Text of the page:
Such an arrangement falls within FA 2003 ss 71A and 73, the SDLT alternative property finance provisions, and is afforded the following benefits:

  • The purchase of the dwelling by the home purchase provider, whether it buys it alone or jointly with the home purchaser, is eligible for first-time buyer relief (meaning that no SDLT is payable for purchases up to £425,000, reducing to £300,000 from 1 April 2025) if the home purchaser is a first-time buyer: see FA 2003 Sch 6ZA para 3(2).
  • Where the home purchaser is not a first-time buyer, the transaction is ‘standard rated’ even though the home purchase provider is a company: see FA 2003 Sch 4ZA para 15(2) and Sch 4A para 6A(3).
  • The increased rates for ‘non-resident transactions’ do not apply if the home purchaser meets the SDLT residence test at the completion date of the transaction even where the home purchase provider is non-resident in relation to the transaction: see FA 2003 Sch 9A para 16(4).
  • ATED does not apply to the ownership of the dwelling by the home purchase provider: see FA 2013 s 157.

 

(Curiously, there is a mismatch in the conditions in s 71A. One of the conditions for arrangements to be a home purchase plan is that they must provide for the obligation of the individual to buy the dwelling bought by the finance provider. Under s 71A, the individual has the right but not the obligation to buy the dwelling in one transaction or in a series of transactions. This was not intended and presumably the FCA is content that arrangements within s 71A do count as home purchase plans.)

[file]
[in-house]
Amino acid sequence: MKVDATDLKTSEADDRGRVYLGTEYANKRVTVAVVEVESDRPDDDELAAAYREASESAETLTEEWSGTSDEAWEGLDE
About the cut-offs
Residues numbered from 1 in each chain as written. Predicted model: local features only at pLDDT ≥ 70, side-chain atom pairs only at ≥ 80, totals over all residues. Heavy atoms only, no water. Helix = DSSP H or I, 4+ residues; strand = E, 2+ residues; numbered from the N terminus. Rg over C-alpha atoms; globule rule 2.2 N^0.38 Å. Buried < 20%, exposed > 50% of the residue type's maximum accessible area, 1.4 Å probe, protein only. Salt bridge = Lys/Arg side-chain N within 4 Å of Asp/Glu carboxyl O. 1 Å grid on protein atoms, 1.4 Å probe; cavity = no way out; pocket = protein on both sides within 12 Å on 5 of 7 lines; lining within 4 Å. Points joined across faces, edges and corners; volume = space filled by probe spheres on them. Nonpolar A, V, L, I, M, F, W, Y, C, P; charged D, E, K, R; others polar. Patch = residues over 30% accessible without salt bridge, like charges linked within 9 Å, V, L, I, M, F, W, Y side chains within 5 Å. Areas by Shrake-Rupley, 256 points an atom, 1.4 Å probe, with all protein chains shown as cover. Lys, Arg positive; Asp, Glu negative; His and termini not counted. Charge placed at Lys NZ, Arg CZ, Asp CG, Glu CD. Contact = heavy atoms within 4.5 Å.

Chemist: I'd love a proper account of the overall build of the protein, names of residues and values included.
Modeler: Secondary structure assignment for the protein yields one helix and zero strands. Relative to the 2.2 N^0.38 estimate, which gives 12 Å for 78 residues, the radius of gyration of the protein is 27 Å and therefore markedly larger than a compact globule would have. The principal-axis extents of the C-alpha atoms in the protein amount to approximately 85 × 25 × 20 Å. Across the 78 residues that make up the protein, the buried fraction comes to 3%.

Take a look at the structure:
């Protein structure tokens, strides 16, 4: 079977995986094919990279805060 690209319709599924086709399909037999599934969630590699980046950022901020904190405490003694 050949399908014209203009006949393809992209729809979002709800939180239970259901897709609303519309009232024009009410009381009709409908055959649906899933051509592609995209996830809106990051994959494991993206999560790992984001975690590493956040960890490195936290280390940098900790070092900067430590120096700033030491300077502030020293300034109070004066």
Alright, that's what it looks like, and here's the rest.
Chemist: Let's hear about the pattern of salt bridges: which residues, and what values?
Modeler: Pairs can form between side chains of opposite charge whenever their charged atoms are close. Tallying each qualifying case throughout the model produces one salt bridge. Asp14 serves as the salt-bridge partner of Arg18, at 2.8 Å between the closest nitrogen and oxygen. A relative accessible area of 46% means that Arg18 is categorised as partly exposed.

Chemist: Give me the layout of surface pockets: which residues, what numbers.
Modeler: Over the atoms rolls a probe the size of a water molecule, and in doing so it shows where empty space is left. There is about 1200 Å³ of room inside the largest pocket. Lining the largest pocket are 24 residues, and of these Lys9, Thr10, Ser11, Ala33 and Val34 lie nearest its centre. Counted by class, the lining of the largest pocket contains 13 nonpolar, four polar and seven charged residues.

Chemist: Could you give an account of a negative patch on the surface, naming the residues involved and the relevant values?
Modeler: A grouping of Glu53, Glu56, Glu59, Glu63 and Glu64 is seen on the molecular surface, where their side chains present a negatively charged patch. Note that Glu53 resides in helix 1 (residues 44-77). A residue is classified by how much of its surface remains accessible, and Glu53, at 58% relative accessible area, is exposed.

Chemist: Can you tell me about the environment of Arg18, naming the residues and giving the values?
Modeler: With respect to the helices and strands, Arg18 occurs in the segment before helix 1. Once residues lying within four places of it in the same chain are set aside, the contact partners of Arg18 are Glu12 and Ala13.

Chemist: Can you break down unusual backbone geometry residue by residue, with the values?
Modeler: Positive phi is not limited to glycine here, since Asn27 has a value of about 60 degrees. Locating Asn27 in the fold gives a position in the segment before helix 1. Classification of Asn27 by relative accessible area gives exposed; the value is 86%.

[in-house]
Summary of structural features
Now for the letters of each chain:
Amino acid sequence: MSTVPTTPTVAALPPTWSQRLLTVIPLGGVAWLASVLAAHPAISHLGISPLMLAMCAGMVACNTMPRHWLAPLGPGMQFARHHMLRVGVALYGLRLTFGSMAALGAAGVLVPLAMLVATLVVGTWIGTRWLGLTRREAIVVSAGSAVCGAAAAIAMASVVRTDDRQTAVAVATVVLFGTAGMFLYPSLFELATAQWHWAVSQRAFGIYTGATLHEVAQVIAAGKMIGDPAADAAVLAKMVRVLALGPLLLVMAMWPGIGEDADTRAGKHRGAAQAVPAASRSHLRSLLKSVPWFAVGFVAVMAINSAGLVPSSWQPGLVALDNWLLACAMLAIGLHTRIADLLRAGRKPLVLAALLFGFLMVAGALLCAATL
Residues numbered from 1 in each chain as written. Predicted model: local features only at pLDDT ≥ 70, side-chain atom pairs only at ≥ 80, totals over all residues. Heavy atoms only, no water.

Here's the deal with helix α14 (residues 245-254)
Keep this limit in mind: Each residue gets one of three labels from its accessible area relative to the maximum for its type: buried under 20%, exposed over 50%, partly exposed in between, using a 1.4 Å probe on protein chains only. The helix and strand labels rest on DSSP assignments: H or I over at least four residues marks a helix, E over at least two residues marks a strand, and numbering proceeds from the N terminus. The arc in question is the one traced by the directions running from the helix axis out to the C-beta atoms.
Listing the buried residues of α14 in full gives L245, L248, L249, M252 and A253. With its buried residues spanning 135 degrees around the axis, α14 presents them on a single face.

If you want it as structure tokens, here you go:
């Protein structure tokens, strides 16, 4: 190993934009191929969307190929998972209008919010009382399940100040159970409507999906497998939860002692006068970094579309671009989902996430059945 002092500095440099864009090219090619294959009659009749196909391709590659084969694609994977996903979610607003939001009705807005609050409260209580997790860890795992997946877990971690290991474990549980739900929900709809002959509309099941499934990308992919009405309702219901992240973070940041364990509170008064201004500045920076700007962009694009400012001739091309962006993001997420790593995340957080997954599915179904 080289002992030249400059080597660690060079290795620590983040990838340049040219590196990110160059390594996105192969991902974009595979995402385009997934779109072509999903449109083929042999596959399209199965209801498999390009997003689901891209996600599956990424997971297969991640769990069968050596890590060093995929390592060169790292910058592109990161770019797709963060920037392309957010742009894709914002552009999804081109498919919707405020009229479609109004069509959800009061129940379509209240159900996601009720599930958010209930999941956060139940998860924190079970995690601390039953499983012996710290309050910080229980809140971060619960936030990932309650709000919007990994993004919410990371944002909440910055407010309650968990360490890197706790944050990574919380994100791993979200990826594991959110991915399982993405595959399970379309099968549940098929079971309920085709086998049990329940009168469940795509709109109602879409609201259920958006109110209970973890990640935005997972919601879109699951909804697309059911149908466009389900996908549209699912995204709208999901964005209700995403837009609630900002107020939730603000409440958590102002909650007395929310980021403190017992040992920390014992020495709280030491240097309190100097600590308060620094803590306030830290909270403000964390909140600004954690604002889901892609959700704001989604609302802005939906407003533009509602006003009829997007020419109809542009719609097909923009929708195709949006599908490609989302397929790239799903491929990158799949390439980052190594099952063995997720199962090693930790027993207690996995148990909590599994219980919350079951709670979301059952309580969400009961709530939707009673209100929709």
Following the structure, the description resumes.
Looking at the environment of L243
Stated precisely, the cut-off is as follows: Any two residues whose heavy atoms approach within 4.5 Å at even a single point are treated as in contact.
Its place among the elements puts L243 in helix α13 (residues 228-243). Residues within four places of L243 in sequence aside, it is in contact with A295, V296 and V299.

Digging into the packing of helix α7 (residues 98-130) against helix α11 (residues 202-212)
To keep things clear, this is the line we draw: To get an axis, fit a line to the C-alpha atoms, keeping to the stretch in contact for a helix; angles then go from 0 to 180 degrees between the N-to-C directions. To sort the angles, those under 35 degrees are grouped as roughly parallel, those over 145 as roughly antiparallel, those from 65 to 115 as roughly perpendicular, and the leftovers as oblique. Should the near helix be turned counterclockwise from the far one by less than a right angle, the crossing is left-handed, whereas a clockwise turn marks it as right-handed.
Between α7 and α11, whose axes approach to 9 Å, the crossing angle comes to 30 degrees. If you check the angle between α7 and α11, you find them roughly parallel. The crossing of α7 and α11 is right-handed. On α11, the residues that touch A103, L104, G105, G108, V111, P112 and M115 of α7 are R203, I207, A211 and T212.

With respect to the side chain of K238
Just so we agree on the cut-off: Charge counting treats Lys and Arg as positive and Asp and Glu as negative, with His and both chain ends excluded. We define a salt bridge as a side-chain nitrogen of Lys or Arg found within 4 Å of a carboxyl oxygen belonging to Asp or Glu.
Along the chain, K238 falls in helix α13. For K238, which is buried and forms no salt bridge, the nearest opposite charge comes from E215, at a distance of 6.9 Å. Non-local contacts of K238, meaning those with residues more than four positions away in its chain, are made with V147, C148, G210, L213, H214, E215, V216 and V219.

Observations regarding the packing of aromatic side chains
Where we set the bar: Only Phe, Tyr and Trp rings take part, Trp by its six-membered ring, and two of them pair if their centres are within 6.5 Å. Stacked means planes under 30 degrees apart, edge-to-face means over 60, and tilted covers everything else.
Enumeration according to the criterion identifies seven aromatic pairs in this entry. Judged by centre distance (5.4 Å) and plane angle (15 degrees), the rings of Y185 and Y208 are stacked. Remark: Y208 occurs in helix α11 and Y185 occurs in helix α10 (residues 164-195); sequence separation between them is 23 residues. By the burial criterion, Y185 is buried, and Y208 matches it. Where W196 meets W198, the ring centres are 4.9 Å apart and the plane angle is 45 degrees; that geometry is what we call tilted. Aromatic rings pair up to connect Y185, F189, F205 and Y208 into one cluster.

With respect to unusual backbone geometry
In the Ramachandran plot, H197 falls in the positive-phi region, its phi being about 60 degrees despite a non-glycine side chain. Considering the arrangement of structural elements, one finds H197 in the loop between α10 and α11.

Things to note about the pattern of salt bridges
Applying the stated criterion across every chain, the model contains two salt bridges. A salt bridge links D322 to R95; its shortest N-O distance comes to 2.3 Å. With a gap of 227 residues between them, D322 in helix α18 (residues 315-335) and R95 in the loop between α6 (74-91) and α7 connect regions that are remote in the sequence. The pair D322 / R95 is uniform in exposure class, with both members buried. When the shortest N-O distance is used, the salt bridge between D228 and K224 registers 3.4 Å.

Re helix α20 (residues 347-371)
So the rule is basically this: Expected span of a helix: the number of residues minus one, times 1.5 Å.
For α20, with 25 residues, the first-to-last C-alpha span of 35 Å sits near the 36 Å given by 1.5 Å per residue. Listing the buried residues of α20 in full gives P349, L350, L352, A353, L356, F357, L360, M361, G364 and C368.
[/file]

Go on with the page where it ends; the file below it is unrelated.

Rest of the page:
The application of the residential ‘super rate’, ATED, the residential ‘higher rates’ and increased rates for ‘non-resident transactions’ to part-own finance providers, and the restriction on claiming first-time buyer relief, were obviously unintended. Part-own did not launch until after the relevant legislation was passed.

To give part-own finance providers parity with a conventional mortgage and home purchase plans:

  • The individual should be treated as the purchaser for the purposes of the relevant rules in the same way that ‘the person’ (rather than ‘the financial institution’) is treated as the purchaser for the purposes of the same rules in the case of home purchase plans.
  • The individual’s purchase of the property from the partnership should be exempt from SDLT in the same way that ‘a further transaction’ within the meaning of FA 2003 s 71A(4) is exempt.
  • The individual’s purchase of the lease should be exempt from SDLT in the same way that ‘the second transaction’ within the meaning of FA 2003 s 71A(1)(c) is exempt.

 

The easiest way to achieve this is to amend FA 2003 s 73BA (meaning of ‘financial institution’) by extending the meaning of ‘financial institution’ to include an entity offering these arrangements. This would mean defining such a person, as it is not possible to merely cross-refer to a regulated activity specified in Financial Services and Markets Act (Regulated Activities) Order 2001.